Guiding American math education reform
Ford School Professor David Cohen and his wife, Magdalene Lampert, cited in Elizabeth Green's July 23 New York Times Magazine article, "Why Do Americans Stink at Math?"; the article will be published in the Sunday print edition.
American teachers, even American math teachers, suffer from the same math challenges as the rest of the country, Lampert and Cohen argue, which means that barriers to education reform often seem insurmountable. Green writes that the difficulty of adopting the recent common core math reforms lies in the fact that teachers are generally not taught common core techniques very well. The reform package's pedagogical techniques are intended to help students develop an understanding of math as an intuitive process, not simply as a series of rituals carried out on paper, but teachers rarely spend more than four days in training before they are expected to teach.
Because of this, teachers either apply the new techniques poorly or resist them actively. This has been the case in each of the failed education reforms since the "new math" of the 1960s, Greene writes, describing the time when David Cohen was studying another attempted education reform in California in 1986 and observed how "[o]ne teacher deliberately replaced a new textbook's problem-solving pages with the old worksheets he was used to using."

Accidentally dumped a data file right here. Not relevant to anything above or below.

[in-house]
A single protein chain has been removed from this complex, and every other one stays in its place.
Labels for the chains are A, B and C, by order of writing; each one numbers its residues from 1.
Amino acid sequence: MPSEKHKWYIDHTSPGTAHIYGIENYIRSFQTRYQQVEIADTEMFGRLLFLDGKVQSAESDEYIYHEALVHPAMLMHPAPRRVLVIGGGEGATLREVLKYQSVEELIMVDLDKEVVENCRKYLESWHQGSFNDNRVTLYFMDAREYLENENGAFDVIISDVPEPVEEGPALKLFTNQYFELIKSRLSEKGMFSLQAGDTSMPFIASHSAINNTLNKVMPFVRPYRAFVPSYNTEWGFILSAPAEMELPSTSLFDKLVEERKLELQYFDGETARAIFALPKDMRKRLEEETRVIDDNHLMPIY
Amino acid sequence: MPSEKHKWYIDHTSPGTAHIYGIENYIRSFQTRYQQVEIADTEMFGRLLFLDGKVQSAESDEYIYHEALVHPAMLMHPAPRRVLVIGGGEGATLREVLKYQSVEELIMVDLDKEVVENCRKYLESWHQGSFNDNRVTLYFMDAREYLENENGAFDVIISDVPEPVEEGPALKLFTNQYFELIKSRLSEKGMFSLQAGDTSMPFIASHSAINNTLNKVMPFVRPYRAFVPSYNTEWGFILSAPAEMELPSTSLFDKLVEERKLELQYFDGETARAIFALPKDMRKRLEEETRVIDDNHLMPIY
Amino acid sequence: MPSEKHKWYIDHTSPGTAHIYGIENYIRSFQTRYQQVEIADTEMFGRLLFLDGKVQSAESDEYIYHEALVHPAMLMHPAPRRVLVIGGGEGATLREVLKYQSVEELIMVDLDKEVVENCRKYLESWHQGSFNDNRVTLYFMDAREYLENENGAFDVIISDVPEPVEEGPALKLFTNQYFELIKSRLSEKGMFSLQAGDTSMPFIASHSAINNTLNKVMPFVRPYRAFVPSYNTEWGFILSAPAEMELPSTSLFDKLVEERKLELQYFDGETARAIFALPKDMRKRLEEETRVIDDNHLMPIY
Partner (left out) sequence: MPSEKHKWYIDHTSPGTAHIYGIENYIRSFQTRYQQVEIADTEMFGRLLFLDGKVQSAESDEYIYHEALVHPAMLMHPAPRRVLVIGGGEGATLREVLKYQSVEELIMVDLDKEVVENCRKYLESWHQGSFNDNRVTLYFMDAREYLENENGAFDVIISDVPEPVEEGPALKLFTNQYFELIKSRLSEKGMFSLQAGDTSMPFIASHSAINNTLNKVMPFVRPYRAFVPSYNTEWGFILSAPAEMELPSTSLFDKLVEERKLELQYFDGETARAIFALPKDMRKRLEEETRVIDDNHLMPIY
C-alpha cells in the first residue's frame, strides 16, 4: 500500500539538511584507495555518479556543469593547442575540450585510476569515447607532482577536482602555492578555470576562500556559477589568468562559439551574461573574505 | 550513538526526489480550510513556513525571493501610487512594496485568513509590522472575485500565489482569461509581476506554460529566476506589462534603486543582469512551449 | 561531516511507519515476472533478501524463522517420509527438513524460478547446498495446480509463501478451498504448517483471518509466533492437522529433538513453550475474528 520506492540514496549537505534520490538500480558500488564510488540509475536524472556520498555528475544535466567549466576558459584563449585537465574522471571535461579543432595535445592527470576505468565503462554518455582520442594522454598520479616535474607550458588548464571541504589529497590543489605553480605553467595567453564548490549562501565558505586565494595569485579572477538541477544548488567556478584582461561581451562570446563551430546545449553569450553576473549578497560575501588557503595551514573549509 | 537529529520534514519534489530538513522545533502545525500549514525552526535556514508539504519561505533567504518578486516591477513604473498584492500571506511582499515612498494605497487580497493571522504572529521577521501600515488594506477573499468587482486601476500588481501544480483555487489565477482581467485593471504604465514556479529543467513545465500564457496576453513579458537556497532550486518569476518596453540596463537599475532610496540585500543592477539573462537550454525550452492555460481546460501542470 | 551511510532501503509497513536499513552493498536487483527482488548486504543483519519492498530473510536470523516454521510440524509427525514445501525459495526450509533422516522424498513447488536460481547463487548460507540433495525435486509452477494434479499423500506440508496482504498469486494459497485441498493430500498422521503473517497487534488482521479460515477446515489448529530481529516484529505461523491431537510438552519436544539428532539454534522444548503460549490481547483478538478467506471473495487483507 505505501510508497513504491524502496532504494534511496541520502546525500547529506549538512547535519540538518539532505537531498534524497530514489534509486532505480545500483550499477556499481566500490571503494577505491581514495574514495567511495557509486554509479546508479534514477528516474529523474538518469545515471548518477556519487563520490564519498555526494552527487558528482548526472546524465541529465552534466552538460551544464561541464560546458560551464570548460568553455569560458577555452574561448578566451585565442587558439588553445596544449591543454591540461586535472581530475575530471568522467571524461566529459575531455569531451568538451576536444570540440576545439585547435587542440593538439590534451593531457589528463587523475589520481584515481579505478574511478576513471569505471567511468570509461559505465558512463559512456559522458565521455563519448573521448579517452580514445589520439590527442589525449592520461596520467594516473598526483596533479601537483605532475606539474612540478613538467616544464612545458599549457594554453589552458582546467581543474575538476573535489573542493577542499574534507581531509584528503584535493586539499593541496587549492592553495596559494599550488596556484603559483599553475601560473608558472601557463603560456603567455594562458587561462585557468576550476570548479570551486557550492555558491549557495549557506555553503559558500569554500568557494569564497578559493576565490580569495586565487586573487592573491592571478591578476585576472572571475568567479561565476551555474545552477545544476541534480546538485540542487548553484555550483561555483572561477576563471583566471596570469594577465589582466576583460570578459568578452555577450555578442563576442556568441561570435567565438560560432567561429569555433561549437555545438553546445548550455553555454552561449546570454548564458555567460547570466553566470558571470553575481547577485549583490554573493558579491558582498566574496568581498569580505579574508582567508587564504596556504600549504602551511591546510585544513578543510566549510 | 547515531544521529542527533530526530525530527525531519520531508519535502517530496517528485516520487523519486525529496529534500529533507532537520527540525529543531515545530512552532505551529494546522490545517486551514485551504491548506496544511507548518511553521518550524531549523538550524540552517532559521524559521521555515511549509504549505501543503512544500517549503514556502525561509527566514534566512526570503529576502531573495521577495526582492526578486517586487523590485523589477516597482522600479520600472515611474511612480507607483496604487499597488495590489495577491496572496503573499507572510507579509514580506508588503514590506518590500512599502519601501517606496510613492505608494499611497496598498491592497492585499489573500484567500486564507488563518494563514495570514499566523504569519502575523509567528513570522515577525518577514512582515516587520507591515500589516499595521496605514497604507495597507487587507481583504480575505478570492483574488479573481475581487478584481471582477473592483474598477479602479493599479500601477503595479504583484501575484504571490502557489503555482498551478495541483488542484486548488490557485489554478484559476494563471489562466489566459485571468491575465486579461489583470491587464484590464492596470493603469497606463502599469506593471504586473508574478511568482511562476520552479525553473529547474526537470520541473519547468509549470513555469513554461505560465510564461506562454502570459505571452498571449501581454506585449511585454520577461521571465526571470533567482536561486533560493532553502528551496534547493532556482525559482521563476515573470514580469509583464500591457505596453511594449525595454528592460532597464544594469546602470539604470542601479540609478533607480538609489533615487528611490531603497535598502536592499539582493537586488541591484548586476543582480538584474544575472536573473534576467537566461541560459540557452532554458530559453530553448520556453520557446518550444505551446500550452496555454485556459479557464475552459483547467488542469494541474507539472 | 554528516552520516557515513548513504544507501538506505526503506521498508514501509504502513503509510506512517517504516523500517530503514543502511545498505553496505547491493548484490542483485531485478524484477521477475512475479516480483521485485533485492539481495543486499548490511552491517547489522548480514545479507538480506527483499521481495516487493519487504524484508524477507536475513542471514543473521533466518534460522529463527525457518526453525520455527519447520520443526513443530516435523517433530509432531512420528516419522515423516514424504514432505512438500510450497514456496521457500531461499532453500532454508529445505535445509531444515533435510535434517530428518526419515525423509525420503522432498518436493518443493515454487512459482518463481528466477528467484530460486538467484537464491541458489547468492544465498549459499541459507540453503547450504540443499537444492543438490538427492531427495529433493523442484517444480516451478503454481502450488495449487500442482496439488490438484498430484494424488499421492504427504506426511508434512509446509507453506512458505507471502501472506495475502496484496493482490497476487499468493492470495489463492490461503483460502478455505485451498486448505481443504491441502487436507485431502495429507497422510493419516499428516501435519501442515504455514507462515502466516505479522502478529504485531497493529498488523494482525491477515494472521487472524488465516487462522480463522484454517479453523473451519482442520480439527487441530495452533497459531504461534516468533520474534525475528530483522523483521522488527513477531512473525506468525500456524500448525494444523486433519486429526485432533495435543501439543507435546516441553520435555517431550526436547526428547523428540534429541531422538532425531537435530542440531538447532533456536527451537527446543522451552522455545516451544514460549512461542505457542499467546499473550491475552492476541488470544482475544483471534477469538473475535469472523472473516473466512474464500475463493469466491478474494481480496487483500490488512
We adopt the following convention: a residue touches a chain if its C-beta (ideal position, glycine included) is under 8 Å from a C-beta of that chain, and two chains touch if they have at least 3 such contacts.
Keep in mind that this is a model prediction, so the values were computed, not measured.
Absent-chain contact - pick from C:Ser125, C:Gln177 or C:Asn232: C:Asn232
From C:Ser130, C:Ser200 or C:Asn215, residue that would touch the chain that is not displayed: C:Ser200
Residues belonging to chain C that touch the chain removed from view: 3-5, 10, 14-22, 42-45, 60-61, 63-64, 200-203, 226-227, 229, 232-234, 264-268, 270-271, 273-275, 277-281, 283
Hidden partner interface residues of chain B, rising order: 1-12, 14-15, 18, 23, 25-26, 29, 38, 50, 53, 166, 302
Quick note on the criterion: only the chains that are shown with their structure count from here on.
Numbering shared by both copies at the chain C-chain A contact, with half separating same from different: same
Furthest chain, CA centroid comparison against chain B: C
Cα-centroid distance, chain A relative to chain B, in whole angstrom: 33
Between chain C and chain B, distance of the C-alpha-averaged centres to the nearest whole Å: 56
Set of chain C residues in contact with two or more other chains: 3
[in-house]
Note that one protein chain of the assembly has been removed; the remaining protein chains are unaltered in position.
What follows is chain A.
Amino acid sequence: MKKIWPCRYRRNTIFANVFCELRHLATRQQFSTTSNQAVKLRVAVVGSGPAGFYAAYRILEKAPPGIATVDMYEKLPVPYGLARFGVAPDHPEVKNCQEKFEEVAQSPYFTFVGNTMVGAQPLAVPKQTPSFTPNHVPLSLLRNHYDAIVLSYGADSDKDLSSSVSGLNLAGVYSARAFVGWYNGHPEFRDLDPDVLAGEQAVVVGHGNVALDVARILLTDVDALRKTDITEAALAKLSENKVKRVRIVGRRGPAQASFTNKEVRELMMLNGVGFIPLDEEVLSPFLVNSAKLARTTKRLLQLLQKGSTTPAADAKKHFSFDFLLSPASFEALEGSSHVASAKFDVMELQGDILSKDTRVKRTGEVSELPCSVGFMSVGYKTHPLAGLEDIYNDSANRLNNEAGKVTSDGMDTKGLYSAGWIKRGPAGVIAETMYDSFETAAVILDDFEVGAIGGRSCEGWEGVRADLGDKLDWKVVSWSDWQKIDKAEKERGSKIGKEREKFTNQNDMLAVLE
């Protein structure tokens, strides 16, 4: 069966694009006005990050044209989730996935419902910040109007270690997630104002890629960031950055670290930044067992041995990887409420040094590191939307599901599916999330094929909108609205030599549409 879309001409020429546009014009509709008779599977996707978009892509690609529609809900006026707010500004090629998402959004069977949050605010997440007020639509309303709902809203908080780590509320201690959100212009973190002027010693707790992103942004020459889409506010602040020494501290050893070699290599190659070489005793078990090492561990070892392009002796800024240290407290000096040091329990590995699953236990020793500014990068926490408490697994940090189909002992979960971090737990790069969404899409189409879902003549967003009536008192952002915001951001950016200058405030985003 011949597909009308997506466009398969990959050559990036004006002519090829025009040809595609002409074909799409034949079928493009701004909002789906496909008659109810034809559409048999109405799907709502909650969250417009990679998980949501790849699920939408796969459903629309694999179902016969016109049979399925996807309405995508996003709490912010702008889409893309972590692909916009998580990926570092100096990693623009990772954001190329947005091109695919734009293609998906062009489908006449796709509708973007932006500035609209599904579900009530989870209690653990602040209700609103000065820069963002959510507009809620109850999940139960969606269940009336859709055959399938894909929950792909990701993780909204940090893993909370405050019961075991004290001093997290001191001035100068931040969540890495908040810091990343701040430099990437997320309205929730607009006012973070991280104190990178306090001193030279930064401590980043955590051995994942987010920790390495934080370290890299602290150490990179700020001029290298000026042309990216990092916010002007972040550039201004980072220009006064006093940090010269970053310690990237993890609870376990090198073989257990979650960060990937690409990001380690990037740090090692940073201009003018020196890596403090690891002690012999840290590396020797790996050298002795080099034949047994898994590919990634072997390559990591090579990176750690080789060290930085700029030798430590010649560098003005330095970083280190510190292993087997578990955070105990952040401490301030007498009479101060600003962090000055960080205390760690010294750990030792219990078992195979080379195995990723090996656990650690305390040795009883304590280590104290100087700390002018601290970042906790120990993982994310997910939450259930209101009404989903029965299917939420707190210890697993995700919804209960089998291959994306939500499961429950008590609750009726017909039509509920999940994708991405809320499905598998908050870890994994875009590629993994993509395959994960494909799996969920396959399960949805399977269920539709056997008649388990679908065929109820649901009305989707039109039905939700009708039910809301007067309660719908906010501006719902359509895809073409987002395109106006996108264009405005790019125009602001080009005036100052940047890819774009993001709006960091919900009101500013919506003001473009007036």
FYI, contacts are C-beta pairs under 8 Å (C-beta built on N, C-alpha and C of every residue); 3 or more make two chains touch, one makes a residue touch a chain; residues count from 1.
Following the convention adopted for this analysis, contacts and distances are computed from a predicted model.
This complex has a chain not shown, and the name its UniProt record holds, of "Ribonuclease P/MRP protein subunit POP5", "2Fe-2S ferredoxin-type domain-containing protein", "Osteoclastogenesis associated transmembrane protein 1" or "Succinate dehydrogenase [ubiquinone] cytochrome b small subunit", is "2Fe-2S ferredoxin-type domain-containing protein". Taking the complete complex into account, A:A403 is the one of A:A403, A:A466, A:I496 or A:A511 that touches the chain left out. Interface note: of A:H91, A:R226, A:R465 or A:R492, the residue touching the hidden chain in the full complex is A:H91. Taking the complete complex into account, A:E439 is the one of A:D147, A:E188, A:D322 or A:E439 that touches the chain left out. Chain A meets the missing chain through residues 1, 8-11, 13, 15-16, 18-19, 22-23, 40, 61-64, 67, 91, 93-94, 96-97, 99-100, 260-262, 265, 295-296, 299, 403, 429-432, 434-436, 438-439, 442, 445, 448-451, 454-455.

Greene sees a way forward in an approach in which students work on problems on their own, then in peer groups, and finally as a whole class, in order to develop a creative, dynamic approach to the subject. This differs from traditional American approaches, but is overwhelmingly popular in Japan, where it developed out of interest in education reform documents that were originally written by Lampert and several colleagues in the 1980s.
"To cure our innumeracy," Green concludes, "we will have to accept that the traditional approach we take to teaching math—the one that can be mind-numbing, but also comfortingly familiar—does not work."
David K. Cohen is professor of education and public policy. His research focuses on implementing and evaluating reforms in K-12 education. He is co-director of a national study of efforts to improve teaching and learning in high-poverty elementary schools. Magdalene Lampert is professor of education at the School of Education. She focuses on understanding and portraying the world of classroom practice to the academic community, providing images of practice that make the proposed reforms in mathematics education concrete, and experimenting with interactive multimedia tools for both analyzing and representing the work of teaching mathematics for understanding in school.